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dc.contributor.authorHjartnes, Tomas
dc.contributor.authorMhatre, Sameer
dc.contributor.authorGao, Bicheng
dc.contributor.authorSørland, Geir
dc.contributor.authorSimon, Sebastien Charles
dc.contributor.authorSjøblom, Johan
dc.description.abstractCrude oil emulsions can reach stability levels that pose severe challenges for the processing industry. Certain conventional methods are used to deal with these challenges, such as chemical demulsification. In this article, two chemicals were mixed with crude oil emulsions to study their separation capabilities in the presence and absence of external AC fields. Experiments were conducted at 65 ⁰C to lower crude oil viscosity, which in turn affects separation efficiency. Effects from the chemical and electrical constituents on the crude oil emulsion was tracked by a pulsed field gradient NMR method, developed in a previous study. The NMR measured emulsified water content for 2 hours, continuously, as a function of sample height. Given the water content, droplet sedimentation and free water layer kinetics could be quantified. Droplet size distributions from the top half oil phase were obtained at the beginning and end of each experiment, with the intent of mapping coalescence and sedimentation development of droplets. However, tracking droplet size evolution proved challenging due to rapid changes within the emulsion. The main focus with the NMR technique was therefore on sedimentation and free water layer kinetics. A synergy was observed between the two chemicals and low AC fields. The two chemicals showed varied degrees of separation efficiency, where limited amounts of water was resolved by chemical 1 without electric field, though it improved separation past the limit of electrical treatment when used in combination with AC field. Above a given electric field, sedimentation by electrocoalscence dominates, and the effect of chemical demulsifier is marginal. Chemical 2 achieved promising results as a lone separation method, while further enhancing separation in collaboration with AC fields. Chemical 1 was inefficient in the absence of field, but worked well to remove small droplets in combination with AC field.nb_NO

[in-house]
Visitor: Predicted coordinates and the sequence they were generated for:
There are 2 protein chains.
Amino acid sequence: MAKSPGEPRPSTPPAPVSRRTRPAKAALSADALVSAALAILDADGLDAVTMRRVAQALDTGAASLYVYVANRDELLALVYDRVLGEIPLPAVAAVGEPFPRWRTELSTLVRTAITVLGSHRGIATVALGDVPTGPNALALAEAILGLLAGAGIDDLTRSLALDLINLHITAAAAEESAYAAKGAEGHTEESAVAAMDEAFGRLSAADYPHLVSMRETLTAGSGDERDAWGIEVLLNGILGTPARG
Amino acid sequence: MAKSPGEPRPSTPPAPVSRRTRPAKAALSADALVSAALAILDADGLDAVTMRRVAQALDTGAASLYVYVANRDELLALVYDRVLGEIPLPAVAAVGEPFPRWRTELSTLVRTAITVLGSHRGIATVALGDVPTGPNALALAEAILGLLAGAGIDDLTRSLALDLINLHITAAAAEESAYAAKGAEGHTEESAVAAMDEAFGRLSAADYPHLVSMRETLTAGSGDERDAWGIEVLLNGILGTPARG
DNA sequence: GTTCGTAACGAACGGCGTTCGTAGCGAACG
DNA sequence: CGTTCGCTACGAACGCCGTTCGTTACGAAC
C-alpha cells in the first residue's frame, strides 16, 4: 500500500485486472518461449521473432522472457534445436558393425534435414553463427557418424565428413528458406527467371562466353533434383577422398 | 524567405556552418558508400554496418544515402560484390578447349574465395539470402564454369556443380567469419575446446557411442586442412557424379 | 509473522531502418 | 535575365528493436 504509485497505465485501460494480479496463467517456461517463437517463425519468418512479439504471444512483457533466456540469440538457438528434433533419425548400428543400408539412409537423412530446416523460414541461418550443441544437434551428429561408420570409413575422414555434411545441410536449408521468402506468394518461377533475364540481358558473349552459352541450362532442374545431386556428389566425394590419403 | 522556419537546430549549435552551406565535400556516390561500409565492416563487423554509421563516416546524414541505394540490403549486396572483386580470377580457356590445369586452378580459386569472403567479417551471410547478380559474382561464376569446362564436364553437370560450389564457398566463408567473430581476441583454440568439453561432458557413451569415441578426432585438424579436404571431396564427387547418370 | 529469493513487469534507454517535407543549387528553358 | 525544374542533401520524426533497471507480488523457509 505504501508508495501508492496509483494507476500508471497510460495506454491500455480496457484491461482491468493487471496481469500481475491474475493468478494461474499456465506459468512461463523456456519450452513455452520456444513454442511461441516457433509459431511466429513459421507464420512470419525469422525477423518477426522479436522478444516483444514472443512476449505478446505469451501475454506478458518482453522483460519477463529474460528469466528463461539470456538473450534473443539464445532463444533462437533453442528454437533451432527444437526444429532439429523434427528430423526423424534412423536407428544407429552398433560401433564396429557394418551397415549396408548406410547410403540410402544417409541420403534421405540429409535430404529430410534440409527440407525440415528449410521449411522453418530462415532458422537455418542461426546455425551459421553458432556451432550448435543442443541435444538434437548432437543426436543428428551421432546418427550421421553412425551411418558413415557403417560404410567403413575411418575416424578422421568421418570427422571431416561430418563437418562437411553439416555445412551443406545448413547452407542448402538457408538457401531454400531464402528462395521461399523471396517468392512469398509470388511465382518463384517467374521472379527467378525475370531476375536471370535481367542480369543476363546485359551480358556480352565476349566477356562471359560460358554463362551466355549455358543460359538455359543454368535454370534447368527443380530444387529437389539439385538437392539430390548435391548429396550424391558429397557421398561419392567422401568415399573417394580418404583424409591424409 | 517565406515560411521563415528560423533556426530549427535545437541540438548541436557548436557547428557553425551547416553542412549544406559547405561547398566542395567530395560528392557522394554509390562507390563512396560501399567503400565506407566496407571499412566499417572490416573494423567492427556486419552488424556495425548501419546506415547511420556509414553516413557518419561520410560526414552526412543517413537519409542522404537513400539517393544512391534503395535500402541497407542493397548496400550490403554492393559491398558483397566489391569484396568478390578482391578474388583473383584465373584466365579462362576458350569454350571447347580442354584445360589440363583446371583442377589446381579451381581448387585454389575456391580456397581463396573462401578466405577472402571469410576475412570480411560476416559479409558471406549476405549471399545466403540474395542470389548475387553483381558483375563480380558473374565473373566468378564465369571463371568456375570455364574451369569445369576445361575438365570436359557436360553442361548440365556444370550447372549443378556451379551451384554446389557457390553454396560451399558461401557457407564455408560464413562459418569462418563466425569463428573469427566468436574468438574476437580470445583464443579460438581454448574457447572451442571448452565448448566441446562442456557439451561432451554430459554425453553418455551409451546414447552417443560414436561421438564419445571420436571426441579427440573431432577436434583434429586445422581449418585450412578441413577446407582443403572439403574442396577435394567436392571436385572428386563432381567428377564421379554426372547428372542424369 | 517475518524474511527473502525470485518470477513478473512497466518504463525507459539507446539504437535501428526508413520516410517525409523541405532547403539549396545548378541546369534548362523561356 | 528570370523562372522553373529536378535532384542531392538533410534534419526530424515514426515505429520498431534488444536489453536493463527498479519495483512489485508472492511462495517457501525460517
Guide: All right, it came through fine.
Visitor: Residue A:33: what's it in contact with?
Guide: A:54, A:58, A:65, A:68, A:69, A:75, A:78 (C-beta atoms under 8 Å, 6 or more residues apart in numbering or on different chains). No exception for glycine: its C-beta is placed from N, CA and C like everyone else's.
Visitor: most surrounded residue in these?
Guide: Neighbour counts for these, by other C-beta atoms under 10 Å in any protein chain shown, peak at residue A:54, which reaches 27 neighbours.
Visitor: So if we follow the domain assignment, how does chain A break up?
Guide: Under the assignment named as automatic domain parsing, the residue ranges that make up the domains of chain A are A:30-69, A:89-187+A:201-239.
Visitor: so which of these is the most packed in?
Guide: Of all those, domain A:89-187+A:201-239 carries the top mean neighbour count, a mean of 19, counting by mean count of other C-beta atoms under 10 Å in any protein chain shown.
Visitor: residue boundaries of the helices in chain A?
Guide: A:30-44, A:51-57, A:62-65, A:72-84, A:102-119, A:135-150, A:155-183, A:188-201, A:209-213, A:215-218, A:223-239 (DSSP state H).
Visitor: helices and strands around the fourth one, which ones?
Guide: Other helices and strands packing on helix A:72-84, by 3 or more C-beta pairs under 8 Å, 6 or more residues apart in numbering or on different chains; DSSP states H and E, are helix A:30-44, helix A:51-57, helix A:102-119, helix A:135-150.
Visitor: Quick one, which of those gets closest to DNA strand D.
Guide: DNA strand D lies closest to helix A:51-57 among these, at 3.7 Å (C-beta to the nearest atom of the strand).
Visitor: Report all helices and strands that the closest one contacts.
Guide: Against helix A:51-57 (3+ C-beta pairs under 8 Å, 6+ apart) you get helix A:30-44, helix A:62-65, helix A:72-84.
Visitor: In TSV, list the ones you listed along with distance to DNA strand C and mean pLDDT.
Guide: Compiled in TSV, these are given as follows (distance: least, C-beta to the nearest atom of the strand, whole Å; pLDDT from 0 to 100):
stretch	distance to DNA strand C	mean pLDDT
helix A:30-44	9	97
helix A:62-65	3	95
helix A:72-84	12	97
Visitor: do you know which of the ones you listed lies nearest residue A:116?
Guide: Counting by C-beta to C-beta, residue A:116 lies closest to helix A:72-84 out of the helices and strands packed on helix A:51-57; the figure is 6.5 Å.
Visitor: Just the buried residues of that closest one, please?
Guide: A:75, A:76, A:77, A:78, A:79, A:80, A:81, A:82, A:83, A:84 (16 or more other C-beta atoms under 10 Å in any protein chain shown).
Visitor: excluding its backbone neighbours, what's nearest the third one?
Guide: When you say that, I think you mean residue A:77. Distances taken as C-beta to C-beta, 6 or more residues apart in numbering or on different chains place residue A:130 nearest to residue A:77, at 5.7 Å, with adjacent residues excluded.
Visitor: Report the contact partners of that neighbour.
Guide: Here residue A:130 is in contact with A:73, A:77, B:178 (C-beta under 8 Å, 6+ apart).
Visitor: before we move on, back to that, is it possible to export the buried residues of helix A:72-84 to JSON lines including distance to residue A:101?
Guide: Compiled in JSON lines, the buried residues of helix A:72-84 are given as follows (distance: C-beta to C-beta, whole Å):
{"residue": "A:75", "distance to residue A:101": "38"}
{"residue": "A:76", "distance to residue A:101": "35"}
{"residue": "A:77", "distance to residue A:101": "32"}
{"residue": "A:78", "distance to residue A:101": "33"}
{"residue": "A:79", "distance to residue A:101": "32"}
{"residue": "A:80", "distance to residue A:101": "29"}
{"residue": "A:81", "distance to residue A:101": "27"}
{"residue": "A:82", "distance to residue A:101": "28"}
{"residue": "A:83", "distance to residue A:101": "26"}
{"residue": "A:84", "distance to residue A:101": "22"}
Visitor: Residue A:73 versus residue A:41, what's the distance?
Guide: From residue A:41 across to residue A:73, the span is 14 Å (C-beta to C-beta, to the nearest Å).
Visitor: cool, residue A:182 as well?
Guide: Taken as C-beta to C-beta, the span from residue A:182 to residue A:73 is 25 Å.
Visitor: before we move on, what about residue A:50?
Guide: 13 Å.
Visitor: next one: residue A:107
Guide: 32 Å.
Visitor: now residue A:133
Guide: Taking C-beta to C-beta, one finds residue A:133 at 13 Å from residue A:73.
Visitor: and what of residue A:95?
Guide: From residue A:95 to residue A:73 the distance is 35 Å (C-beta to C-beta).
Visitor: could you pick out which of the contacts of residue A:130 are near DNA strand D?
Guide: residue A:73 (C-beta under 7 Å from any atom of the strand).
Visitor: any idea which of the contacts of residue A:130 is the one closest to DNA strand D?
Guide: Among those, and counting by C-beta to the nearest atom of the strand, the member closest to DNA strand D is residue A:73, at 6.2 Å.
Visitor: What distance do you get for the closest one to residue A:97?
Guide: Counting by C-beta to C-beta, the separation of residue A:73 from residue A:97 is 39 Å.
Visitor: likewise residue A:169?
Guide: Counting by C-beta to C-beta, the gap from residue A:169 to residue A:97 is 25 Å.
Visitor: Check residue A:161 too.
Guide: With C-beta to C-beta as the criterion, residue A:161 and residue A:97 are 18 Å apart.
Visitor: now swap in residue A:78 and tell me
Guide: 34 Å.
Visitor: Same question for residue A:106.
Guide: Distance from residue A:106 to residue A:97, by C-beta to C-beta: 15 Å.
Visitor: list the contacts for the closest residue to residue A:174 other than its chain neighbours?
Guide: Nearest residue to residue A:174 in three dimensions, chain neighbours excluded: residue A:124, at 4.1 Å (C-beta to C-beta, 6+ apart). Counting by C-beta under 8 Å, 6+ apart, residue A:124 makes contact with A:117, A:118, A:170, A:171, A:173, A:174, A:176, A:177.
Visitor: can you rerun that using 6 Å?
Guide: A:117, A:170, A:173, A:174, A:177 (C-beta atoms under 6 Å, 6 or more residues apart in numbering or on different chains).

dc.description.abstractDemulsification of crude oil emulsions tracked by pulsed field gradient NMR. Part II: Influence of chemical demulsifiers in external AC electric fieldnb_NO
dc.rightsAttribution-NonCommercial-NoDerivatives 4.0 Internasjonal*
dc.titleDemulsification of crude oil emulsions tracked by pulsed field gradient NMR. Part II: Influence of chemical demulsifiers in external AC electric fieldnb_NO
dc.typeJournal articlenb_NO
dc.typePeer reviewednb_NO
dc.source.journalColloids and Surfaces A: Physicochemical and Engineering Aspectsnb_NO
dc.relation.projectNorges forskningsråd: 255174nb_NO
dc.description.localcode© 2019. This is the authors’ accepted and refereed manuscript to the article. Locked until 18.11.2021 due to copyright restrictions. This manuscript version is made available under the CC-BY-NC-ND 4.0 license
cristin.unitnameInstitutt for kjemisk prosessteknologi

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Attribution-NonCommercial-NoDerivatives 4.0 Internasjonal
Except where otherwise noted, this item's license is described as Attribution-NonCommercial-NoDerivatives 4.0 Internasjonal